Fertig!

Freitag, 3. August 2018

Rechteck - Rectangular Garter Stitch Doily

Currently, it's really hot in my part of the world ... so hot, in fact, that I really don't feel like knitting, especially not something like scarfs, cowls, fingerless gloves or other things that I usually like.
One of the few yarns that can be knitted comfortably in high summer is cotton ... and a project that is sufficently "summery" is a doily or coaster. For this one, I tried to do a bit of shaping to get  rectangle. This was actually a test knit for a bath rug I wanted to make out of t-shirt yarn, but I didn't like the shaping for that purpose. However, the piece can be used as a doily, a placemat, a washcloth or a potholder.


"Rechteck" is the german word for rectangle.


Creative Commons License
This work by Knitting and so on is licensed under a Creative Commons Attribution-NonCommercial-ShareAlike 4.0 International License.






Materials
  • yarn (for the grey piece I used about 60 grams of DK weight cotton yarn)
  • appropriate knitting needles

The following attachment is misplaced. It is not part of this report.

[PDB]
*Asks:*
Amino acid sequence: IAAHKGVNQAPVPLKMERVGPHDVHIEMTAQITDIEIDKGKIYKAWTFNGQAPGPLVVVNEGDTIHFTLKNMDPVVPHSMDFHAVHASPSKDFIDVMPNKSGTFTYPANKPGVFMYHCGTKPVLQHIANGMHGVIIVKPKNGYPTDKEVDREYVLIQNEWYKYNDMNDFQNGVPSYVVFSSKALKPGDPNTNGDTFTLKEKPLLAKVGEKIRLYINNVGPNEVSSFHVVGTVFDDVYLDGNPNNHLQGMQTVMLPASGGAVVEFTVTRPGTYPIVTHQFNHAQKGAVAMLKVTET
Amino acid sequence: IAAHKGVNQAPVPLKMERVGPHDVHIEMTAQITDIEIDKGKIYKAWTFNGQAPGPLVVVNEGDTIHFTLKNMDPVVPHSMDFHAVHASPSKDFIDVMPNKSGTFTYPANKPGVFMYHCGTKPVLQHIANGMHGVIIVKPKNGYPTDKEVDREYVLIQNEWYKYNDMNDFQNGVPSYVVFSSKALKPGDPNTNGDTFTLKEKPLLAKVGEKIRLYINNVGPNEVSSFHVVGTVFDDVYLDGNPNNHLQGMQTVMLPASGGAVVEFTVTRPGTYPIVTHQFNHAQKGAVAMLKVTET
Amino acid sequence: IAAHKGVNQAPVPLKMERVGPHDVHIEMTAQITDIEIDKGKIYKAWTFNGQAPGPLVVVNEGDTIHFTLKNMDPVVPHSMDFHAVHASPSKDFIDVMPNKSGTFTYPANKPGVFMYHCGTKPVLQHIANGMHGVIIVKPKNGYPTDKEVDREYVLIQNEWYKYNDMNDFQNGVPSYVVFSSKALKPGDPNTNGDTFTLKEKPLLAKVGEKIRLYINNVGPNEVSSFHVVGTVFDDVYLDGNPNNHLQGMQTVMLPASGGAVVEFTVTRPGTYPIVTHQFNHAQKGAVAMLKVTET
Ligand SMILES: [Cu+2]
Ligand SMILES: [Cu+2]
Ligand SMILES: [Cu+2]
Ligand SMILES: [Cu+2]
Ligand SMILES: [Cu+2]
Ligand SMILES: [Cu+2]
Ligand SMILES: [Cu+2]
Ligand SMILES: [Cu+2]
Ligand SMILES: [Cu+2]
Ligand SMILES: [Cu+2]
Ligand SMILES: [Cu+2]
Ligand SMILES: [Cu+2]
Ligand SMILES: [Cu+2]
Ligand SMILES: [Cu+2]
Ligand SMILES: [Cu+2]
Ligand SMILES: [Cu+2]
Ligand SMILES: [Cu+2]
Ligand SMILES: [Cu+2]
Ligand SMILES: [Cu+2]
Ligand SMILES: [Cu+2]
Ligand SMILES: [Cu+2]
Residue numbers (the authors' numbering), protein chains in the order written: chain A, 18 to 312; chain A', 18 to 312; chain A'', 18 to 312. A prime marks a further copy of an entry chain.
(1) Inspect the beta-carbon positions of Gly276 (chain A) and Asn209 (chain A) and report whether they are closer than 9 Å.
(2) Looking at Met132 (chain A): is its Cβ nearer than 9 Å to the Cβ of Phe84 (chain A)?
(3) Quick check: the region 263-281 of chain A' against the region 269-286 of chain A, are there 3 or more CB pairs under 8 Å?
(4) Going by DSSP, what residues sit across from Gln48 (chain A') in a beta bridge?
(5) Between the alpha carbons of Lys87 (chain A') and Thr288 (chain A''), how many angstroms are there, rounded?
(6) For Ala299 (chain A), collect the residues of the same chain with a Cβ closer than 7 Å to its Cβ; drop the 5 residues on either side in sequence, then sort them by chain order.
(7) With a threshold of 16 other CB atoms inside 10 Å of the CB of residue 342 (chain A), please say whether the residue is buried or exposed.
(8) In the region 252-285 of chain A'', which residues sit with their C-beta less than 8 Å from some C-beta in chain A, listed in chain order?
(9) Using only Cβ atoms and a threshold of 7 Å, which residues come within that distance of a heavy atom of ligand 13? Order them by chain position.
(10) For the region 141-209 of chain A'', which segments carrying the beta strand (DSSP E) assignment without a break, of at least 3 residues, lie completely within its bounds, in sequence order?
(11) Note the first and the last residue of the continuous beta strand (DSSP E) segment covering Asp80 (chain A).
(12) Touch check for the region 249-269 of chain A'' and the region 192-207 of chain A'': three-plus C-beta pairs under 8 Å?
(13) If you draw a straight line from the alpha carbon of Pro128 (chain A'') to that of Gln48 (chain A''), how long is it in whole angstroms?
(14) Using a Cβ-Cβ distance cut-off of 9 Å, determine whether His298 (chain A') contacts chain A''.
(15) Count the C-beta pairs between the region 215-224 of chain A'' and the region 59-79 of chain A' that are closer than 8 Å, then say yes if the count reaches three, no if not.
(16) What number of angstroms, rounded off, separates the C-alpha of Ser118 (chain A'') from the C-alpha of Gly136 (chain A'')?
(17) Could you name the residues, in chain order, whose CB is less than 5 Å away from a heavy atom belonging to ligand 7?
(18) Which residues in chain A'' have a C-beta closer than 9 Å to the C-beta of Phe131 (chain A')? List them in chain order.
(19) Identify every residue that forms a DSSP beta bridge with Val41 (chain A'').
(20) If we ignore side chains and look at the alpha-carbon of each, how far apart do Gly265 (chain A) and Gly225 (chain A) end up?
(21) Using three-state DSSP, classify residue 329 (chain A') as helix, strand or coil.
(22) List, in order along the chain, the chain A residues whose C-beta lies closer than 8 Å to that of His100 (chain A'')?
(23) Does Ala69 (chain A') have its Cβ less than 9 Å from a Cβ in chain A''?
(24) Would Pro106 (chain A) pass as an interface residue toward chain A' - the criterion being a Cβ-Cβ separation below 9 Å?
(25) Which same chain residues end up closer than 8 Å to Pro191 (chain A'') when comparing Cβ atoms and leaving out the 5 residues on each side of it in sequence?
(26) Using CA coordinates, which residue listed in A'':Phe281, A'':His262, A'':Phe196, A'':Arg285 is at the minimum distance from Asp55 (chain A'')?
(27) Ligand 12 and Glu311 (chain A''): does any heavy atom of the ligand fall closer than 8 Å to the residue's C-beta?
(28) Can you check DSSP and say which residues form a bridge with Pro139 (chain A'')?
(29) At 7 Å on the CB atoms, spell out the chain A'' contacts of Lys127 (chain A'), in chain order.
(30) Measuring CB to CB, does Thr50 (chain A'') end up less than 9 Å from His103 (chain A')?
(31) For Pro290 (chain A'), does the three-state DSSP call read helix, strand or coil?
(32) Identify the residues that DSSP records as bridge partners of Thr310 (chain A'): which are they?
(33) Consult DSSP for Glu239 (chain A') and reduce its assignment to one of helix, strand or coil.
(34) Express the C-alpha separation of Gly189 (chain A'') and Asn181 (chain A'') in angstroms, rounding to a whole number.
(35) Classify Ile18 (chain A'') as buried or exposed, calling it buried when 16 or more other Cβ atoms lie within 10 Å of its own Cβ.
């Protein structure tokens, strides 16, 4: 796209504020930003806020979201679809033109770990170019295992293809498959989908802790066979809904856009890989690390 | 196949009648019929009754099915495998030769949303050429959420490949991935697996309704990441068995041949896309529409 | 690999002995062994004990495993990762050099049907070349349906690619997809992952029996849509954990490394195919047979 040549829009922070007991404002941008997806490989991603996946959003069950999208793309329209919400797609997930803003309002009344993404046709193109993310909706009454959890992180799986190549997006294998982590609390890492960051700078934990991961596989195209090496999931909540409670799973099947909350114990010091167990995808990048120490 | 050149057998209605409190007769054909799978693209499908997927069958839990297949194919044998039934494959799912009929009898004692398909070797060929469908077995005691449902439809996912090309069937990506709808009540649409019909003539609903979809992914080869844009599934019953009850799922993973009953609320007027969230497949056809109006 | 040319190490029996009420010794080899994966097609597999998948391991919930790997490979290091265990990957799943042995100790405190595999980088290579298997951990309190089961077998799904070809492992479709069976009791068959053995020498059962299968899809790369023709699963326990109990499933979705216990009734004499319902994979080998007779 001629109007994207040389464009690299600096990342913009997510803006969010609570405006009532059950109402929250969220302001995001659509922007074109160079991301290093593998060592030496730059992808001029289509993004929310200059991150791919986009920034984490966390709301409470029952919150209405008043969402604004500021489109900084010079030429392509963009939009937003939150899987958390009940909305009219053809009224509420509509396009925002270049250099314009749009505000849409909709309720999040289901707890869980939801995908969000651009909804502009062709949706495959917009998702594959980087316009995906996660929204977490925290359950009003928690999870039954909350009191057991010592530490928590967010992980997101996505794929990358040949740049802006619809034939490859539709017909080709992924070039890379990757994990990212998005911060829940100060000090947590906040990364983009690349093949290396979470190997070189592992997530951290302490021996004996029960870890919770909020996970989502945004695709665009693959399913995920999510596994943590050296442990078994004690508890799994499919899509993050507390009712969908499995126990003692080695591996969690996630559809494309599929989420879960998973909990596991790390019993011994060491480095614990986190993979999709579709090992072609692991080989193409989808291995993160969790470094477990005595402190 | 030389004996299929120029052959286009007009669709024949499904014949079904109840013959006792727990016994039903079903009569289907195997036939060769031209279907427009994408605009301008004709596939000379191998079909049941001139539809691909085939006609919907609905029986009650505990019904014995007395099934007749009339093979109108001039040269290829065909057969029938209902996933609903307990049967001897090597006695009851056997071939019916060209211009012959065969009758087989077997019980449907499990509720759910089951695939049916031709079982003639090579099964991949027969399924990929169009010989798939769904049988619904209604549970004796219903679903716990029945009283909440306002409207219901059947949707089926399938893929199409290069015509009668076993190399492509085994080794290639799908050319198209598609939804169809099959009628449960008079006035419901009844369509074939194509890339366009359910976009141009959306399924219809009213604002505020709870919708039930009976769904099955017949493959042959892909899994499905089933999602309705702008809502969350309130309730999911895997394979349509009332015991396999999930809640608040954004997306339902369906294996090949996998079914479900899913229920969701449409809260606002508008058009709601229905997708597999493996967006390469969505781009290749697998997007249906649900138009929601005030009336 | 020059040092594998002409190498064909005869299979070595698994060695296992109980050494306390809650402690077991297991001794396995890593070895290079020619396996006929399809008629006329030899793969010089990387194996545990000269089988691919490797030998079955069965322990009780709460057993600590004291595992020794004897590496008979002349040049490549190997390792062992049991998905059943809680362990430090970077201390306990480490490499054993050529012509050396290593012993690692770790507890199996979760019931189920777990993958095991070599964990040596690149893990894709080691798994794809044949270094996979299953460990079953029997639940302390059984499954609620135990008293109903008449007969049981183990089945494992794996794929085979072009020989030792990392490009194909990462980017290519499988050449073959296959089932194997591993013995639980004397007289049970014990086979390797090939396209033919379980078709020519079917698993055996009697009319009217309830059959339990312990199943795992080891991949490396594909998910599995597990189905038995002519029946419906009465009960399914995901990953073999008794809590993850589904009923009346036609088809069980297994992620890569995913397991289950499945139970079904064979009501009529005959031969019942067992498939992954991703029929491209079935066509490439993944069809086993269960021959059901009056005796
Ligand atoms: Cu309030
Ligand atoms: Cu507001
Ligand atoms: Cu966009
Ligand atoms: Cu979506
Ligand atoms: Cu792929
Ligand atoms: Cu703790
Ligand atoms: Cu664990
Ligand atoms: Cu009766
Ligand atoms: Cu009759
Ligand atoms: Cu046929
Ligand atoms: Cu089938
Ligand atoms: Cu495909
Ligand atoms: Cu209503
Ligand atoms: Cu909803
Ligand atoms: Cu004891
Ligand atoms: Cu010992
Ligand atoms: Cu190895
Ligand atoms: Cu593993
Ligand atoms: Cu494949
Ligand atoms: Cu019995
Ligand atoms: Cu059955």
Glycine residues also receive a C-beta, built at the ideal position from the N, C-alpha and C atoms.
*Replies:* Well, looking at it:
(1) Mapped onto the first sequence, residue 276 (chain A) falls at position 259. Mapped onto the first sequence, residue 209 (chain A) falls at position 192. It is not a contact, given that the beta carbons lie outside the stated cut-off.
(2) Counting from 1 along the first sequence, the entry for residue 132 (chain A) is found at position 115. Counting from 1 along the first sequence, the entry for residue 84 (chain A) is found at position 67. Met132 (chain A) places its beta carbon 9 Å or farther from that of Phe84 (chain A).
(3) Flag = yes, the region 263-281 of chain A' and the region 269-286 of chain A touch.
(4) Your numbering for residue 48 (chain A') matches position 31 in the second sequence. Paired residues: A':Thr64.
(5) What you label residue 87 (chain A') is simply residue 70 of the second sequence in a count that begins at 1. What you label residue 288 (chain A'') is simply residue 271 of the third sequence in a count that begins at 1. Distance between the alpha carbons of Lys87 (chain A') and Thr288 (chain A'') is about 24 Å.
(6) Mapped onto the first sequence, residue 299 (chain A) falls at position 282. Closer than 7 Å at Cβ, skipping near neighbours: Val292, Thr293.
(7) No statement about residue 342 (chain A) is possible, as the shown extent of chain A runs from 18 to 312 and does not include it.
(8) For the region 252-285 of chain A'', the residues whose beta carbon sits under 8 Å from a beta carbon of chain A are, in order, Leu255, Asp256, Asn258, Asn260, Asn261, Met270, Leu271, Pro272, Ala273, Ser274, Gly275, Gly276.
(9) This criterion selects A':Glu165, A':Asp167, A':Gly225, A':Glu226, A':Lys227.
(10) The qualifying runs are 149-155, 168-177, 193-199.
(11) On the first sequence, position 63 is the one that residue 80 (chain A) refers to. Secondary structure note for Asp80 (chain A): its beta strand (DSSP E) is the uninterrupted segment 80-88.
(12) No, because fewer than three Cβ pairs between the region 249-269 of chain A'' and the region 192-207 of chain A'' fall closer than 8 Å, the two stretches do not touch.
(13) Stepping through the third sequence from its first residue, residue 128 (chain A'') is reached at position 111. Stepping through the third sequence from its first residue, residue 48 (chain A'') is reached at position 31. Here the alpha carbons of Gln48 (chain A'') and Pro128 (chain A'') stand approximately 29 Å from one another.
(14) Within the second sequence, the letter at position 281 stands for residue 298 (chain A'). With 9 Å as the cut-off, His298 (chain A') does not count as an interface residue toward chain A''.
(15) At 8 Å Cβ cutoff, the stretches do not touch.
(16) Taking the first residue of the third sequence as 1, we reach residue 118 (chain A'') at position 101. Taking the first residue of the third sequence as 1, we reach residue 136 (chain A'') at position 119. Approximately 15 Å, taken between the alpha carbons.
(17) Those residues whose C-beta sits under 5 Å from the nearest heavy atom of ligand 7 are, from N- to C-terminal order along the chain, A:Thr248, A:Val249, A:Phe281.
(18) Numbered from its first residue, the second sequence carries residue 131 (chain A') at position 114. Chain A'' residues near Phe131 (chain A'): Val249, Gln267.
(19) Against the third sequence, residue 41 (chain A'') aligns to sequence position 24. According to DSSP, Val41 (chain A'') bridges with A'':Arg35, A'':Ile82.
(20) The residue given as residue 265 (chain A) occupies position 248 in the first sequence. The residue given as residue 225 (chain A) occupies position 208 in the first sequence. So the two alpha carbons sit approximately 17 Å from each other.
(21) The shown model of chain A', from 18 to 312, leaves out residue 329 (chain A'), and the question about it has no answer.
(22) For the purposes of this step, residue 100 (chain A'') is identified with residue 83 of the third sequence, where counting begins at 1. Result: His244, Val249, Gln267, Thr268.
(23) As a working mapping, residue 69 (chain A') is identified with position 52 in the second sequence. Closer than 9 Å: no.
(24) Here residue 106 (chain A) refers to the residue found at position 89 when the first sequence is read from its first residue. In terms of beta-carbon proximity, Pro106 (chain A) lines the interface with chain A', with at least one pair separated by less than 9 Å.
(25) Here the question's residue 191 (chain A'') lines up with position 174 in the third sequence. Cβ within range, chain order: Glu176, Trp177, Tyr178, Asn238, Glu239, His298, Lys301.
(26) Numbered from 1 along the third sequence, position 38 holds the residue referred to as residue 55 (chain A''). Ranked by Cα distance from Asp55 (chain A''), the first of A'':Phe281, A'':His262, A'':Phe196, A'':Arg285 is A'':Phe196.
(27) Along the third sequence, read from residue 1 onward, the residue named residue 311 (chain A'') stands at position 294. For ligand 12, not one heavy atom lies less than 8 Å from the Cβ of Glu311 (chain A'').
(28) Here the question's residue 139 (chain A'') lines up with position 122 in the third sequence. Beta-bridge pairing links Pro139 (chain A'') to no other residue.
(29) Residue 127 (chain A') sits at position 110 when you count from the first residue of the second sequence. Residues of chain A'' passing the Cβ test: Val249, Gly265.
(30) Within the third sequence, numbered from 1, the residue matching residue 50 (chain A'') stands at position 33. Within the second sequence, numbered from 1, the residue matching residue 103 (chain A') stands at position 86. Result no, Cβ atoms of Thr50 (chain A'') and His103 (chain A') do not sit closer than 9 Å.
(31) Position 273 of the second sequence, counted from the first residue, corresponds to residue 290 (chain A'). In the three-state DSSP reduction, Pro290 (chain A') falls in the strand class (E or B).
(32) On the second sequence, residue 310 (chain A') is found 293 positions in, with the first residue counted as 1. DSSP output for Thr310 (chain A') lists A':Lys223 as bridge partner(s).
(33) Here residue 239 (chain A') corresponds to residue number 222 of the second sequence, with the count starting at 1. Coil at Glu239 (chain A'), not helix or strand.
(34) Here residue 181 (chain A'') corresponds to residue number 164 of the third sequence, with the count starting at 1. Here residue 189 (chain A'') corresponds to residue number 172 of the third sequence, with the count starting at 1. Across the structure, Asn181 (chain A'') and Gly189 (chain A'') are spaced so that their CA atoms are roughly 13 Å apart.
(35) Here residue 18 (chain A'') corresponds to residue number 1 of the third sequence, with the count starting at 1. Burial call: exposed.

• scrap yarn and a crochet hook for the provisional cast on
  • tapestry needle for grafting and to weave in ends


Techniques
  • Provisional CO: My favorite method for a provision CO is the crochet provisional CO - it is shown in this Youtube video by New Stitch a Day.
  • Short rows with wrap and turn (w+t) - as shown in this YouTube video by Very Pink Knits.
  • Picking up and knit stitches from the side: Insert the needle into the front leg of the edge stitch from back to front and draw your working yarn through. In case of this pattern you only need to pick up one stitch at a time.
  • Grafting in Garter Stitch: A technique to get an invisible (knitted) seam - this technique is shown in this YouTube Video by knittinghelp.com.